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So Who Is a Paid Intern Now? | MD Benefit Advisors

On January 5, 2018, the U.S. Department of Labor’s Wage and Hour Division (WHD) created new guidance for determining whether a worker could be classified as an unpaid intern under the federal Fair Labor Standards Act (FLSA). The FLSA requires “for-profit” employers to pay employees for their work. Interns, however, may not be classified as “employees” under the FLSA and therefore are not entitled to compensation for their work. The new rules give employers more flexibility in establishing unpaid internships.

Under the previous six-factor test, an intern was considered an employee entitled to compensation unless all of the following factors were met:

  1. The internship, even though it included actual operation of the facilities of the employer, was similar to training that would be given in an educational environment;
  2. The internship experience was for the benefit of the intern;
  3. The intern did not displace regular employees, but worked under close supervision of existing staff;
  4. The employer that provided the training derived no immediate advantage from the activities of the intern, and on occasion its operations may actually have been impeded;
  5. The intern was not necessarily entitled to a job at the conclusion of the internship; and
  6. The employer and the intern understood that the intern was not entitled to wages for the time spent in the internship.

In its new guidance (Field Assistance Bulletin No. 2018-2), the WHD has adopted the “primary beneficiary test,” favored by several federal Circuit Courts, as the standard for determining whether interns at for-profit employers are employees under the FLSA. The primary beneficiary test examines the economic reality of the intern-employer relationship to determine which party is the primary beneficiary of the relationship. The following seven factors are used to make this determination:

  1. The extent to which the intern and the employer clearly understand that there is no expectation of compensation. Any promise of compensation, express or implied, suggests that the intern is an employee — and vice versa.
  2. The extent to which the internship provides training that would be similar to that which would be given in an educational environment, including the clinical and other hands-on training provided by educational institutions.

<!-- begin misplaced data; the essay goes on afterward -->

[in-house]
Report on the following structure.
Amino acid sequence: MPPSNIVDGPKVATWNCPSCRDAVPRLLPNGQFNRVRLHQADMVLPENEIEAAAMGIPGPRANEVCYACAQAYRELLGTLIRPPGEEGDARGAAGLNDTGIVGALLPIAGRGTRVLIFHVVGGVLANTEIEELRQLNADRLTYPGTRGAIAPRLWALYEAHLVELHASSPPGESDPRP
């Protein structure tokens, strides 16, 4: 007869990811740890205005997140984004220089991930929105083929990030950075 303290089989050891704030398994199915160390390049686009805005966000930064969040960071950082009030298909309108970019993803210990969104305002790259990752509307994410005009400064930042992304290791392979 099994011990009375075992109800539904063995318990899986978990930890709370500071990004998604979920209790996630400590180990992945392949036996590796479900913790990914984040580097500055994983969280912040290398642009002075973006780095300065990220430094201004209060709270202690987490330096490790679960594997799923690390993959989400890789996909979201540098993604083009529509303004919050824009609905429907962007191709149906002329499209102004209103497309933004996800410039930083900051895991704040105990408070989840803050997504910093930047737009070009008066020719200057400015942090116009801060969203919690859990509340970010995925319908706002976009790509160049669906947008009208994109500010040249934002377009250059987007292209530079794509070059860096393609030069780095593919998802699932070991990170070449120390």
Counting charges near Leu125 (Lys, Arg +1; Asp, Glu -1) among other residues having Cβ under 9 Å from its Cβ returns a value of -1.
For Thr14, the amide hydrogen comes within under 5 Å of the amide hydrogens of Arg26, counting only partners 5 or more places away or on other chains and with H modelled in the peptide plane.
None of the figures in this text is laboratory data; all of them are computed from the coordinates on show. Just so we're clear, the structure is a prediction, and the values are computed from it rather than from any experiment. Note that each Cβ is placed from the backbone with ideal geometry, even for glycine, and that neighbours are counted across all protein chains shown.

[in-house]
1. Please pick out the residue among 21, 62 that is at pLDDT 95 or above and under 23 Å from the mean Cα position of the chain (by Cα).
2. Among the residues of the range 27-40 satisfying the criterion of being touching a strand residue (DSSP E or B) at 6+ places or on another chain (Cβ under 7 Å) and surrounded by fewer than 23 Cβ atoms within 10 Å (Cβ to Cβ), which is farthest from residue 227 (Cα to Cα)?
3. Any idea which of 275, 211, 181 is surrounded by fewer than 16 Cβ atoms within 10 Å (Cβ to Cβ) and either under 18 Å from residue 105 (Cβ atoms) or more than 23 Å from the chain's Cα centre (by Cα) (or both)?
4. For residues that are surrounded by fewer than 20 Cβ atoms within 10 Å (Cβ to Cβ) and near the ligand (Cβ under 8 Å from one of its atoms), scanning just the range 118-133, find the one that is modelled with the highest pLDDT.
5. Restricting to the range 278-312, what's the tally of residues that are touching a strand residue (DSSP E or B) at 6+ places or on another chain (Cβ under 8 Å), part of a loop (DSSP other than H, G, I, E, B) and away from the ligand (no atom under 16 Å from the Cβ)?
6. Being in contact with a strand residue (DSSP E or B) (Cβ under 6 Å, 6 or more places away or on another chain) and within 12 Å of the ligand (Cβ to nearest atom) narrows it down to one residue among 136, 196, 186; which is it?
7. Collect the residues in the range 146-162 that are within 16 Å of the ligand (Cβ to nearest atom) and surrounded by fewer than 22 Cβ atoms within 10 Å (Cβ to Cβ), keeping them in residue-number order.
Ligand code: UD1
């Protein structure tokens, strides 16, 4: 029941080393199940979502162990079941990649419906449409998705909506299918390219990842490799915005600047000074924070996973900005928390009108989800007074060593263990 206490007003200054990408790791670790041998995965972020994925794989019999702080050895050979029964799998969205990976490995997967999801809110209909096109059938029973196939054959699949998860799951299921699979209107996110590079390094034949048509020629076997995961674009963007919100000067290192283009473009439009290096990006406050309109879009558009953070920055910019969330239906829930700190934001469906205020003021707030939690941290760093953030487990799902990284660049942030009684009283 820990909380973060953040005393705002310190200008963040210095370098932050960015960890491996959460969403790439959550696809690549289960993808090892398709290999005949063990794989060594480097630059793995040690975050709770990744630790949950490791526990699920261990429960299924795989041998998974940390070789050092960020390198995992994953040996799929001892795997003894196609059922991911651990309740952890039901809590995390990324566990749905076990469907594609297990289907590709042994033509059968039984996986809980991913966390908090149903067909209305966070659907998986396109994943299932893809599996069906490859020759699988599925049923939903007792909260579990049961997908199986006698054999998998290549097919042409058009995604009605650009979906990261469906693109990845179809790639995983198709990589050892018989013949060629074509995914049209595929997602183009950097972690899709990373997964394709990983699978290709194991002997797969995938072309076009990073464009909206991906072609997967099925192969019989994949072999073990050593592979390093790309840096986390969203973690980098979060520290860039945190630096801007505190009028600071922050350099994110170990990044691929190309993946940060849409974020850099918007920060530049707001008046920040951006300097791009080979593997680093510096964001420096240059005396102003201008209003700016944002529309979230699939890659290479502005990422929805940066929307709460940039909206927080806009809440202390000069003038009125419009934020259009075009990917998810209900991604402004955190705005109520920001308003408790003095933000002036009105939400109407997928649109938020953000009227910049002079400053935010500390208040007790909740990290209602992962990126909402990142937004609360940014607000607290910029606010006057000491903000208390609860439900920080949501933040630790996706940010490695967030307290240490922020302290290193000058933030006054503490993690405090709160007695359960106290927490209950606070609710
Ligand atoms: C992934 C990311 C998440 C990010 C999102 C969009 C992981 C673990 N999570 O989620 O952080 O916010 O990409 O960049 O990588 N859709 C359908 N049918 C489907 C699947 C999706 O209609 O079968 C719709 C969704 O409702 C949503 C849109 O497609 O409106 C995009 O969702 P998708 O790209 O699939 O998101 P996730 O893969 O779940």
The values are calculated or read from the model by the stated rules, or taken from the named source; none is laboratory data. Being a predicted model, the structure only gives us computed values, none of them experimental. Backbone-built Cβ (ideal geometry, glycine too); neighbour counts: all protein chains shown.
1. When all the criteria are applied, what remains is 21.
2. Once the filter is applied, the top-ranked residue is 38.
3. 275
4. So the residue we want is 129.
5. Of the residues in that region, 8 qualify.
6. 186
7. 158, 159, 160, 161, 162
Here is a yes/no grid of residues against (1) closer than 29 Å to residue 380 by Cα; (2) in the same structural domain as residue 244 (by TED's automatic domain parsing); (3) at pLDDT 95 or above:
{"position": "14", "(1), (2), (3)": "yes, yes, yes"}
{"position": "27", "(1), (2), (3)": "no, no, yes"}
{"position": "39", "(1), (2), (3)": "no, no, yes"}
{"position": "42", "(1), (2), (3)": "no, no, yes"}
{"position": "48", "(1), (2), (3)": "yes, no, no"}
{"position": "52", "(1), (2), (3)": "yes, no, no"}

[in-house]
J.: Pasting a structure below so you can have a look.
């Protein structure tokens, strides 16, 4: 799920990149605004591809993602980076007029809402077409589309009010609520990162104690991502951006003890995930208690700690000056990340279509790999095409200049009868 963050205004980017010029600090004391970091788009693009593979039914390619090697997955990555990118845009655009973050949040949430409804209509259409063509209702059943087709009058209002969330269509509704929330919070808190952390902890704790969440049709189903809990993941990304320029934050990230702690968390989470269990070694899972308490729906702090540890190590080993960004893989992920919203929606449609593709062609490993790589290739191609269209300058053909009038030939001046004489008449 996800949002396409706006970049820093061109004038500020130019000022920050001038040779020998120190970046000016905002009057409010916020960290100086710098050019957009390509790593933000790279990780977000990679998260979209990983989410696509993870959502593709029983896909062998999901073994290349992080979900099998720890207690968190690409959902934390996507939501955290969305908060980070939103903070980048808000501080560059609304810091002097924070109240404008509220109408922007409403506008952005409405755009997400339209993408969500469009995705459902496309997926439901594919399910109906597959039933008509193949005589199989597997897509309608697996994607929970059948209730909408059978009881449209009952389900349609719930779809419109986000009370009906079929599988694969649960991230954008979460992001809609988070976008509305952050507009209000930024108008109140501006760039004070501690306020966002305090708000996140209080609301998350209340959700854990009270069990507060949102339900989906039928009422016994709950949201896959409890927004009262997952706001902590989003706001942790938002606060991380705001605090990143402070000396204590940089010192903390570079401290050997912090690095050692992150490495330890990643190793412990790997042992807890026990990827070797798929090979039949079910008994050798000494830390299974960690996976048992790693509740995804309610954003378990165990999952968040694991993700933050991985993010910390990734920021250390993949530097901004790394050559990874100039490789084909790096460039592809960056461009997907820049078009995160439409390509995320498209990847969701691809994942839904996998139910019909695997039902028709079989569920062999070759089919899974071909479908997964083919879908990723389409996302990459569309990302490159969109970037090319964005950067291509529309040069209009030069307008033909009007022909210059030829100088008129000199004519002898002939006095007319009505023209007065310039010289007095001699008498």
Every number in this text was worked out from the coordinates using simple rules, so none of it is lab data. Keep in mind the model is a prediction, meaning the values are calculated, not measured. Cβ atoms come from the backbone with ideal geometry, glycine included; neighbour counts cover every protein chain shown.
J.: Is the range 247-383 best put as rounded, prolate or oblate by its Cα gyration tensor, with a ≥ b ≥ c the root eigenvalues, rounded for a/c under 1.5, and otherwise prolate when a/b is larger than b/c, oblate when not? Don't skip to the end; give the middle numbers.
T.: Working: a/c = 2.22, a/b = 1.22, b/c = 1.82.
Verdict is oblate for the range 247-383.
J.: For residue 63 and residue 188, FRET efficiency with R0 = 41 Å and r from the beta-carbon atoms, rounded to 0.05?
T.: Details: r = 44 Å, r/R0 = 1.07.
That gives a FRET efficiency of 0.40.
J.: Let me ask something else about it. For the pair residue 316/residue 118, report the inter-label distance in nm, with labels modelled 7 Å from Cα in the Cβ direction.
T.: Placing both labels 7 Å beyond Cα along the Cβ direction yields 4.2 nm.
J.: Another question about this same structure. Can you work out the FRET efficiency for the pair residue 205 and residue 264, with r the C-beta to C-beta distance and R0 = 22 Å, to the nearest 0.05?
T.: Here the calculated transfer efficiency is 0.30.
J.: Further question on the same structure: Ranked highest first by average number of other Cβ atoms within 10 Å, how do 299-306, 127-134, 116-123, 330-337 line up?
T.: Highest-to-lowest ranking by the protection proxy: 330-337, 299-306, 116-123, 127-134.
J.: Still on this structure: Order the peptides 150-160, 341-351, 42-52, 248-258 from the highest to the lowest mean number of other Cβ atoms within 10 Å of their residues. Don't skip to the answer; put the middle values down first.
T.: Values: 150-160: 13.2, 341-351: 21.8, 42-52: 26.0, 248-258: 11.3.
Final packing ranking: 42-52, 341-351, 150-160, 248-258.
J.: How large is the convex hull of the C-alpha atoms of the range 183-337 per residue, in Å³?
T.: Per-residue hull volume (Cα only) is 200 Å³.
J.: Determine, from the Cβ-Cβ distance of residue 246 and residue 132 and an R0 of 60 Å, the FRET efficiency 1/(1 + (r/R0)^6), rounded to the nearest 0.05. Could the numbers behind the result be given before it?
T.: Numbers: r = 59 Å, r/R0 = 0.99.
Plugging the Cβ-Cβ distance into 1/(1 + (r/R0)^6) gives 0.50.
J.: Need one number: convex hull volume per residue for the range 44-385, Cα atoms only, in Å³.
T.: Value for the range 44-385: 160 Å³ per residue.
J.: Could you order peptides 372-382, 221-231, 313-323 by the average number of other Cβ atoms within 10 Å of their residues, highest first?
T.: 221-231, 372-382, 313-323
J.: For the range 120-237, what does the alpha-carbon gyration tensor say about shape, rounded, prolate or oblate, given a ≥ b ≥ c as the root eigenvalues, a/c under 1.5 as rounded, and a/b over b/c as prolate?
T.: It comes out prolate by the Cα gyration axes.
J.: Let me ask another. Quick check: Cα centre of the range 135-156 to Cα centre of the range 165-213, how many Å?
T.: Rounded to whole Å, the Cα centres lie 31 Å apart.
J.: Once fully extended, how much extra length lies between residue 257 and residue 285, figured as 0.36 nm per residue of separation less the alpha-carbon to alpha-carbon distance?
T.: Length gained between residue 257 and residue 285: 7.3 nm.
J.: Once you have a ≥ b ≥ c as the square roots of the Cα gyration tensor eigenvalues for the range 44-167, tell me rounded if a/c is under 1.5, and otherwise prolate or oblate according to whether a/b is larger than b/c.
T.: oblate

3. The extent to which the internship is tied to the intern’s formal education program by integrated coursework or the receipt of academic credit.
  4. The extent to which the internship accommodates the intern’s academic commitments by corresponding to the academic calendar.
  5. The extent to which the internship’s duration is limited to the period in which the internship provides the intern with beneficial learning.
  6. The extent to which the intern’s work complements, rather than displaces, the work of paid employees while providing significant educational benefits to the intern.
  7. The extent to which the intern and the employer understand that the internship is conducted without entitlement to a paid job after the internship.

What is different now is that not ALL of the seven factors must be met in order to determine employee status. According to the WHD, no single factor is decisive and the determination must be made on the unique circumstances of each case.

If analysis of these facts reveals that an intern is actually an employee, then he or she is entitled to both minimum wage and overtime pay under the FLSA. Conversely, if the analysis confirms that the intern or student is not an employee, then he or she is not entitled to either minimum wage or overtime pay under the FLSA.

What This Means for Employers

As a result of the new guidance, employers should review the status of any person working for them that they consider an “intern” and update their current internship programs to consider the WHD’s new rules.

Originally posted by www.ThinkHR.com

Ask the Experts: How to Calculate Minimum Wage | Maryland Benefit Advisors

Question: Is minimum wage calculated on hours worked or hours worked plus performance-based earnings, thus subject to change each pay period? For instance, a nonexempt employee is paid $320 for 40 hours worked with $60 added for performance goals, totaling $380. Which amount is used to determine the employee’s minimum wage; $320 or $380? The minimum wage in our state is $8.50.

Answer: The amount used to determine the employee’s minimum wage would be $320 because, under the federal Fair Labor Standards Act (FLSA), employers must pay nonexempt employees at least the applicable minimum wage for all hours worked up to 40 in the work week and the calculation of the minimum wage cannot include commissions or bonus/incentive pay. Certain credits may be permissible that would allow the rate of pay to fall below the minimum wage, but those credits are limited to tip credits and credits for food and lodging.

Therefore, in your example, if your employee is earning $320 per week for 40 hours of work, the rate of pay is $8 per hour. In your state, your minimum wage is $8.50 per hour. You would need to increase the rate of pay for hours worked by $.50 per hour so that the employee earns the effective rate of pay. The incentive payment will be in addition to the applicable minimum wage.

While employers must include commissions and nondiscretionary bonus payments in the calculation of overtime, commissions and any bonus or incentive payments are not included in the calculation of minimum wage.

Originally Posted By www.thinkhr.com